- Department of Neurosurgery, Skull Base Laboratory, UCLA School of Medicine, Los Angeles, CA 90036, USA
Seyed Ali Khonsary
Department of Neurosurgery, Skull Base Laboratory, UCLA School of Medicine, Los Angeles, CA 90036, USA
DOI:10.4103/2152-7806.193096Copyright: © 2016 Surgical Neurology International This is an open access article distributed under the terms of the Creative Commons Attribution-NonCommercial-ShareAlike 3.0 License, which allows others to remix, tweak, and build upon the work non-commercially, as long as the author is credited and the new creations are licensed under the identical terms.
How to cite this article: Khonsary SA. Molecular and Cellular Physiology of Neurons. Surg Neurol Int 26-Oct-2016;7:95
How to cite this URL: Khonsary SA. Molecular and Cellular Physiology of Neurons. Surg Neurol Int 26-Oct-2016;7:95. Available from: http://surgicalneurologyint.com/surgicalint_articles/molecular-cellular-physiology-neurons/
This second edition of the Molecular and Cellular Physiology of Neurons by Professor Gordon Fain is a masterpiece. The book is a concise and updated version of its previous 1999 edition of a textbook, which is well written and with easy to understand topics that are fundamental for those who are deeply interested in understanding the detailed principles of neuronal physiology at the molecular level.
It is divided into five parts:
Part one: Electrical properties of cells and hemostasis
Part two: Active propagation of neuronal signals
Part three: Synaptic transmission and ligand-gated channels
Part four: Metabotropic transmission and neuromodulation
Part five: Sensory transduction
The book starts by giving an introduction to the electrical properties of cell membranes, then proceeding to membrane potentials, ion permeability, and ion homeostasis.
Following that, the classic experiments of Hodgkin and Huxley are presented. This is followed by newer experiments on voltage-gated channels.
Then, the experiments of Katz, Miledi, and their colleagues on synaptic transmission are described followed by the proteins responsible for transmitter release and the postsynaptic receptors responsible for rapid excitatory and inhibitory transmission in the central nervous system.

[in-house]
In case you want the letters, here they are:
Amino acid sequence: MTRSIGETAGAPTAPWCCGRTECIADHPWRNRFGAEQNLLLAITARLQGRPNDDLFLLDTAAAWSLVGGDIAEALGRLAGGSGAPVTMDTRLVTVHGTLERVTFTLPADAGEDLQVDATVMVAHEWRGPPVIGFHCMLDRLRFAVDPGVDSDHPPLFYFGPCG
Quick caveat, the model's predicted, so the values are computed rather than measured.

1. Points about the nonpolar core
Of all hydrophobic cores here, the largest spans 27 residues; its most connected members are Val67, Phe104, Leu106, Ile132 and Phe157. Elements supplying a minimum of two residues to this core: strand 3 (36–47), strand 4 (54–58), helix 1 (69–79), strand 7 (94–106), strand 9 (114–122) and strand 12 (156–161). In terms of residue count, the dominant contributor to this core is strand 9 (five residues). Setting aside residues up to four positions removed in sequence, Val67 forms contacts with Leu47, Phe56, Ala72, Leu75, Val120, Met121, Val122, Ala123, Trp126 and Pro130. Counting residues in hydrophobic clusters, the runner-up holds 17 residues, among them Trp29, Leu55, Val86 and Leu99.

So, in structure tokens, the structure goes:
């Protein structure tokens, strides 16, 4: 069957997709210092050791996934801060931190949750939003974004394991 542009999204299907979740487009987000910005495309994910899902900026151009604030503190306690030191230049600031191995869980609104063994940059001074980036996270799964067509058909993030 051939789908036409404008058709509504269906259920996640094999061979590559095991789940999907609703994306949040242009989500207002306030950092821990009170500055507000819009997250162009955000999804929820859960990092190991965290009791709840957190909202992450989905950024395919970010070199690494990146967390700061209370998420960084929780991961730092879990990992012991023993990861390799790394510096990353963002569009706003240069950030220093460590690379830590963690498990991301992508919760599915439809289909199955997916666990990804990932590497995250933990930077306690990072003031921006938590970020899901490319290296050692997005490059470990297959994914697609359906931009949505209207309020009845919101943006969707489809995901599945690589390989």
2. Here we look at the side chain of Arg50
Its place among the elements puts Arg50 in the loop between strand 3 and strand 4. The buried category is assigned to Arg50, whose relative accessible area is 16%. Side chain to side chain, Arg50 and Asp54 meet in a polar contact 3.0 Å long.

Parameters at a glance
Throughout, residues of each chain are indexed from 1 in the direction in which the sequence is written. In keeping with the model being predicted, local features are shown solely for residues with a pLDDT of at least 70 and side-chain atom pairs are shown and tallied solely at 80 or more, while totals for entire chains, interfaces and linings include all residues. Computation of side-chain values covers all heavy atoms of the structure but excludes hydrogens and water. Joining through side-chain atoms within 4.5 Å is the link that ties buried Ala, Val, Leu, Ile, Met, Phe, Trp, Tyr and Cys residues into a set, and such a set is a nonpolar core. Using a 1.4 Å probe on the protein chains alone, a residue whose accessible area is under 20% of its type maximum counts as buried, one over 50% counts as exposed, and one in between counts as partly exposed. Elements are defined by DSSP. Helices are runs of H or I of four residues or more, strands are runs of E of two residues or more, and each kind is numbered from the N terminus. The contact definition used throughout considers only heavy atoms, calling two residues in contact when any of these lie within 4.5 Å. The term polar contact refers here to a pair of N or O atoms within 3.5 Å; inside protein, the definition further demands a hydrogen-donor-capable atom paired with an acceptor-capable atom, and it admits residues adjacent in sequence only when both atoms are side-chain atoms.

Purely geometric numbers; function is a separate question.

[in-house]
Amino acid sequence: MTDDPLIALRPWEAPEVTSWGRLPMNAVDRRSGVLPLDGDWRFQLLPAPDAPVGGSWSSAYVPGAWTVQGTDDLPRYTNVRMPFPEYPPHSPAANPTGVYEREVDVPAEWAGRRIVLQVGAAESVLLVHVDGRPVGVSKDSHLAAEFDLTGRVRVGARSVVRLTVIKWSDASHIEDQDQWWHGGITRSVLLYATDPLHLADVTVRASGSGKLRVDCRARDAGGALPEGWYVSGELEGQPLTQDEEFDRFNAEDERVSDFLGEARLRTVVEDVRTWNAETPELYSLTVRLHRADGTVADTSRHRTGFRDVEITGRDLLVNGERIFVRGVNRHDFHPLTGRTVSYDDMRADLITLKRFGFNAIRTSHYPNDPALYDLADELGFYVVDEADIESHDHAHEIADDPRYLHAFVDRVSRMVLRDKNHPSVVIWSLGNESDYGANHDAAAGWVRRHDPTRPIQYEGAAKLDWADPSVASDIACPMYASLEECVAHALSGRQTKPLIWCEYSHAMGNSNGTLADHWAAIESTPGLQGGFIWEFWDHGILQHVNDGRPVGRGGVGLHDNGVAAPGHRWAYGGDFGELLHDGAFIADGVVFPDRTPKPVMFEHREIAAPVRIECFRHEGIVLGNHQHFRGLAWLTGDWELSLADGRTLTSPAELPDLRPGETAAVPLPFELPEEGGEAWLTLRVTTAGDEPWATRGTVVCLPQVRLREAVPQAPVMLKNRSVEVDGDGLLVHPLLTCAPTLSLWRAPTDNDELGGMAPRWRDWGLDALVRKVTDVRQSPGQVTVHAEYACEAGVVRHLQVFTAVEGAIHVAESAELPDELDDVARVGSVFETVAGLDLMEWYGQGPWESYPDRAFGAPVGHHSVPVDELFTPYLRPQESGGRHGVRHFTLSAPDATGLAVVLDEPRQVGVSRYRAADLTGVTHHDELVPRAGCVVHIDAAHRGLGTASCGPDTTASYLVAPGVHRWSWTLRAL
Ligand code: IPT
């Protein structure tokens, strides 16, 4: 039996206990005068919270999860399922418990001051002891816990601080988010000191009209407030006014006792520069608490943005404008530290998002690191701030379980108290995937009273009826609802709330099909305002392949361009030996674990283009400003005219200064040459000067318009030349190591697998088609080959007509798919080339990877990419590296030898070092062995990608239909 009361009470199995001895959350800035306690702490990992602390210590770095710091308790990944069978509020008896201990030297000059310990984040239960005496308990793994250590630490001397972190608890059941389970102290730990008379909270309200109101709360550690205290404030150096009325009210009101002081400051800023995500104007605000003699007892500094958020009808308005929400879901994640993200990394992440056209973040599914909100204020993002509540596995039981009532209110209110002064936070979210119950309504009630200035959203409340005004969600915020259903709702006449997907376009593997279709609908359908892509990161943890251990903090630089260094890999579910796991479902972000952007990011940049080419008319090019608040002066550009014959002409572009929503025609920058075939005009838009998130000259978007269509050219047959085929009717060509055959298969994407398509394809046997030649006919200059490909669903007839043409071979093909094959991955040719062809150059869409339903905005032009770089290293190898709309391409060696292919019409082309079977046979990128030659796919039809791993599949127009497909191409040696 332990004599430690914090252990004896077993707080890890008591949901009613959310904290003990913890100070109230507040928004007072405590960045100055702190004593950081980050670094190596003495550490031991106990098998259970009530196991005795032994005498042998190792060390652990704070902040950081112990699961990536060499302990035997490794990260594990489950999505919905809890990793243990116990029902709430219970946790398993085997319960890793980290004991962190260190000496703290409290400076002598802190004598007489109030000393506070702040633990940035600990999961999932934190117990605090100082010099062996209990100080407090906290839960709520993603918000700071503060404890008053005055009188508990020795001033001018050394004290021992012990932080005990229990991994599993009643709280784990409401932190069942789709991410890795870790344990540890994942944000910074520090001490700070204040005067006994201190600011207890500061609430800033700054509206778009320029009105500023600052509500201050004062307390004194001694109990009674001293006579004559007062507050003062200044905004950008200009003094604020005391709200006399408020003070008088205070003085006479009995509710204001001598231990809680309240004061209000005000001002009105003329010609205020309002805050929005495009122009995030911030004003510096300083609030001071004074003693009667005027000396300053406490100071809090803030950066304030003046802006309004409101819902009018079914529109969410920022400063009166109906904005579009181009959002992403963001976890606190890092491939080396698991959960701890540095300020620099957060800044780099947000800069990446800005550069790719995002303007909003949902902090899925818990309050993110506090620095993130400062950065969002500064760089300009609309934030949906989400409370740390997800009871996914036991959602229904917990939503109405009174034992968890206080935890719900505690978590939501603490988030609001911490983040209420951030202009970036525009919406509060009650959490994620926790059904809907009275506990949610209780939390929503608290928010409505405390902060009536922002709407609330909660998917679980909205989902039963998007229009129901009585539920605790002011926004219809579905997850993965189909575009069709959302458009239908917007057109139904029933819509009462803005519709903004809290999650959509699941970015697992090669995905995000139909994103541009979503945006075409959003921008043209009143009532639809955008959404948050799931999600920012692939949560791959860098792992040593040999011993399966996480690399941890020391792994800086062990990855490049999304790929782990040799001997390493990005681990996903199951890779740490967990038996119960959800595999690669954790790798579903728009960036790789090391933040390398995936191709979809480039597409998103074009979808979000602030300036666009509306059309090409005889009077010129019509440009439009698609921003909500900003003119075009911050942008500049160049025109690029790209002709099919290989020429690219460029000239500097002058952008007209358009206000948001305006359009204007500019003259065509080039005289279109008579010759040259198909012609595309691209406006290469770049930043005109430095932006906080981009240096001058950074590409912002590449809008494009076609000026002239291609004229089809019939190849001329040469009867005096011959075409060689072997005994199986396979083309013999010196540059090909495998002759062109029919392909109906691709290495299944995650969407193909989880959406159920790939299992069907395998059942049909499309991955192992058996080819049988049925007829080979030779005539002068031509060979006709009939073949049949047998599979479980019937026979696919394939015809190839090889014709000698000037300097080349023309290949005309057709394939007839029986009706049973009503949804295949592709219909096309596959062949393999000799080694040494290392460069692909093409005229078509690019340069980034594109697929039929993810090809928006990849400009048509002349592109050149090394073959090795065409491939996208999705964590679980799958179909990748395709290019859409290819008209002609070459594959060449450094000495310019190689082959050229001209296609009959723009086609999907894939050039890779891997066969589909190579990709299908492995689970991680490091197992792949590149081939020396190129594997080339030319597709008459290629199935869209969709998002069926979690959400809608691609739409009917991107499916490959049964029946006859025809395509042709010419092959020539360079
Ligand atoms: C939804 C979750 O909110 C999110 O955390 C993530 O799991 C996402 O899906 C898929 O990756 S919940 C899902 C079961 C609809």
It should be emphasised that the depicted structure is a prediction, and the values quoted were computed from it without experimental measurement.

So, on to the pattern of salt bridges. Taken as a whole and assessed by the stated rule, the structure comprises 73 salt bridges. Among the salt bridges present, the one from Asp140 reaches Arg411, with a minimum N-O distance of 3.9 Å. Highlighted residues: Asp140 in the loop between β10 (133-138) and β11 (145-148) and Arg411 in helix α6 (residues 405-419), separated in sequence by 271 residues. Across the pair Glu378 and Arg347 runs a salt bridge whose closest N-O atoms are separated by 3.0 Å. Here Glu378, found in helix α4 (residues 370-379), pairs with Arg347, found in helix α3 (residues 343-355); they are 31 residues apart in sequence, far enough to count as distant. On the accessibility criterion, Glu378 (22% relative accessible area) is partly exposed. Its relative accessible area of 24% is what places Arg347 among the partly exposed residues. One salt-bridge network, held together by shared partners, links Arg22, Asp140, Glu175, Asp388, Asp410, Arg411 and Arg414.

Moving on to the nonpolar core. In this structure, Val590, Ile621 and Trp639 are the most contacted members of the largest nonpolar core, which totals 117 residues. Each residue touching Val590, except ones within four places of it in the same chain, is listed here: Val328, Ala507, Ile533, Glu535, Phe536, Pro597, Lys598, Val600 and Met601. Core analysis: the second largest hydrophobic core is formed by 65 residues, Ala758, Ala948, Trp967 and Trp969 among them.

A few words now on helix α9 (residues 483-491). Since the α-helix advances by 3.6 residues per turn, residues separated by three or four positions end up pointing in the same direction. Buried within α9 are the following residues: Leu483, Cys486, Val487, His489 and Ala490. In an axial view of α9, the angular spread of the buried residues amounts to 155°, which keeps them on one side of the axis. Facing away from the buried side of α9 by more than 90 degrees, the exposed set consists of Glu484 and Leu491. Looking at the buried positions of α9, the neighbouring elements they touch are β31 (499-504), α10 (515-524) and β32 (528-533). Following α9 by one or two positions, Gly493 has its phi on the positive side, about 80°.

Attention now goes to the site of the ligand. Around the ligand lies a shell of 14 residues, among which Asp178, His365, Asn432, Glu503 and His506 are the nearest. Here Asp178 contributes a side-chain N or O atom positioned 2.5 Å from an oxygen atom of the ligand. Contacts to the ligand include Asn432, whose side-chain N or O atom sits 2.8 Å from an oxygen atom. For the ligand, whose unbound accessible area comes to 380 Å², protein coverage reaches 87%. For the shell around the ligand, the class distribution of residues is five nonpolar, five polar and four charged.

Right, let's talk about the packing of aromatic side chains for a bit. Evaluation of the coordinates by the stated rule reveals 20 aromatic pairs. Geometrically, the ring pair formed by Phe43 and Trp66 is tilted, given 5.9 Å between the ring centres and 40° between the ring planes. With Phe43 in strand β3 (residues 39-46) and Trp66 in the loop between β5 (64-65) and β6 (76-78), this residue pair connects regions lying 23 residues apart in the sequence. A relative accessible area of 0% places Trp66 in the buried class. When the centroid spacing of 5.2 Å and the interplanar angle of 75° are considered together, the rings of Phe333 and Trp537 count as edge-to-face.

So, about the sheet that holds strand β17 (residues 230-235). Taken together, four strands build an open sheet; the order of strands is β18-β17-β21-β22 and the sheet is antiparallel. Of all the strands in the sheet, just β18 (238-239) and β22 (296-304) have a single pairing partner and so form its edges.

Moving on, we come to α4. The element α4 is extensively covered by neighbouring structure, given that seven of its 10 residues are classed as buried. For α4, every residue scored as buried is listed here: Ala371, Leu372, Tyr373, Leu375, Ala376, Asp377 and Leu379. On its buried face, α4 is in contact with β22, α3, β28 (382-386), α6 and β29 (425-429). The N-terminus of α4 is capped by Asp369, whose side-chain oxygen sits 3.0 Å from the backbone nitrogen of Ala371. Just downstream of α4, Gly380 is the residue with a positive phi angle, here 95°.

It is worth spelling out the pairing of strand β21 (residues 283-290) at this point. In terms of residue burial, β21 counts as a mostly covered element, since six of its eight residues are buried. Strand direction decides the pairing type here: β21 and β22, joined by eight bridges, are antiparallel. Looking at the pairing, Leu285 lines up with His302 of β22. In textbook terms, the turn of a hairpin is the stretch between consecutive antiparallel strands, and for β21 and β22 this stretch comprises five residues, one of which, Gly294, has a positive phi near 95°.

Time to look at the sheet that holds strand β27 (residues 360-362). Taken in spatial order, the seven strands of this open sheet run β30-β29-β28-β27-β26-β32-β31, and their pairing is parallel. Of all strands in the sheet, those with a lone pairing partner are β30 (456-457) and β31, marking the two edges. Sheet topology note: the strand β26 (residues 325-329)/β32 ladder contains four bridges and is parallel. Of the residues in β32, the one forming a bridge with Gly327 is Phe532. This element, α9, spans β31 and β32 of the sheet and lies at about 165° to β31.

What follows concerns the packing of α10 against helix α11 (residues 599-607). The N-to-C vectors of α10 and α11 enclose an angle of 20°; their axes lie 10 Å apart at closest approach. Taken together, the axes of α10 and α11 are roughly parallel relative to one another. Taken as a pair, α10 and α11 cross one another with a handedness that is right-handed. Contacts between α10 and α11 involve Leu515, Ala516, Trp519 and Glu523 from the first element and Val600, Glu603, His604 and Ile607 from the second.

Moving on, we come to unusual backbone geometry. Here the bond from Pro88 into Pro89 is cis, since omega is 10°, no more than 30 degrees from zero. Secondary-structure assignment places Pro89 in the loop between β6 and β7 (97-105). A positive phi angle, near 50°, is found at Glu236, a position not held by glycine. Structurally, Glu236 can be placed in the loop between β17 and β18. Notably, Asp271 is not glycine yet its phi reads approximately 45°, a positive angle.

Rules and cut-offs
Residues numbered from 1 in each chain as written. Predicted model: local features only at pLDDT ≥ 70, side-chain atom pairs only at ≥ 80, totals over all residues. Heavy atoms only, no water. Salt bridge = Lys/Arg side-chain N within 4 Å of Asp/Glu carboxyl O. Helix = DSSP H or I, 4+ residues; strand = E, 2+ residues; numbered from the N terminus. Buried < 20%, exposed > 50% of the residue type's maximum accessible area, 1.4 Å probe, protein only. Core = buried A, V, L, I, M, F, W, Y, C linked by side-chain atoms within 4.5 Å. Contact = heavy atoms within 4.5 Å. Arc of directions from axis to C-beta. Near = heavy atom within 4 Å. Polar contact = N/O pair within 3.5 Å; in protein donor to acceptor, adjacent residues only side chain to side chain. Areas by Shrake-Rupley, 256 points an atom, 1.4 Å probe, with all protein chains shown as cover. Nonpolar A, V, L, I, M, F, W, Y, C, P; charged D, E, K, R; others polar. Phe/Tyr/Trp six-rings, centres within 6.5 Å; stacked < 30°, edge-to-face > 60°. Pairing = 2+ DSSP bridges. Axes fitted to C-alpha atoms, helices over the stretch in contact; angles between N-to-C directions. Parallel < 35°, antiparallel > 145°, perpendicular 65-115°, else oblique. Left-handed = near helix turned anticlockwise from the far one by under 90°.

Following that the receptors, G proteins, effector molecules, and second messengers responsible for metabotropic synaptic transmission are described. In addition to the detailed and updated molecular principles, Fain has beautifully integrated them to the clinical settings. For example, in the part two, chapter seven, in regard to the diversity of ion channels, Fain beautifully summarizes in Box 7.1 the location of mutations in sodium channel (channelopathy) provoking different types of epilepsy, which are essential for clinicians involved in understanding and designing better treatment for different epileptic patients.
In the part five, chapter sixteen, in regard to photoreceptors and olfactory receptor neurons, in Box 16.2, he discusses the mutations in a variety of photoreceptor genes producing diseases such as retinitis pigmentosa and Leber's congenital amaurosis and the result of gene therapy after the insertion of a normal gene for the affected protein in these children with significant improvement in their vision.
In addition, cellular and molecular mechanisms of long-term potentiation followed by molecules and cellular events responsible for sensory transduction is described.
This is a book for any clinician, scientist, and those who want to understand in-depth the physiology and molecular basics of how neurons communicate with each other and their deficiencies at the molecular level, which may provoke diseases.
By going into in-depth analysis of the points mentioned by Fain, new treatment options will be discovered for future treatment of different diseases and disorders of the nervous system.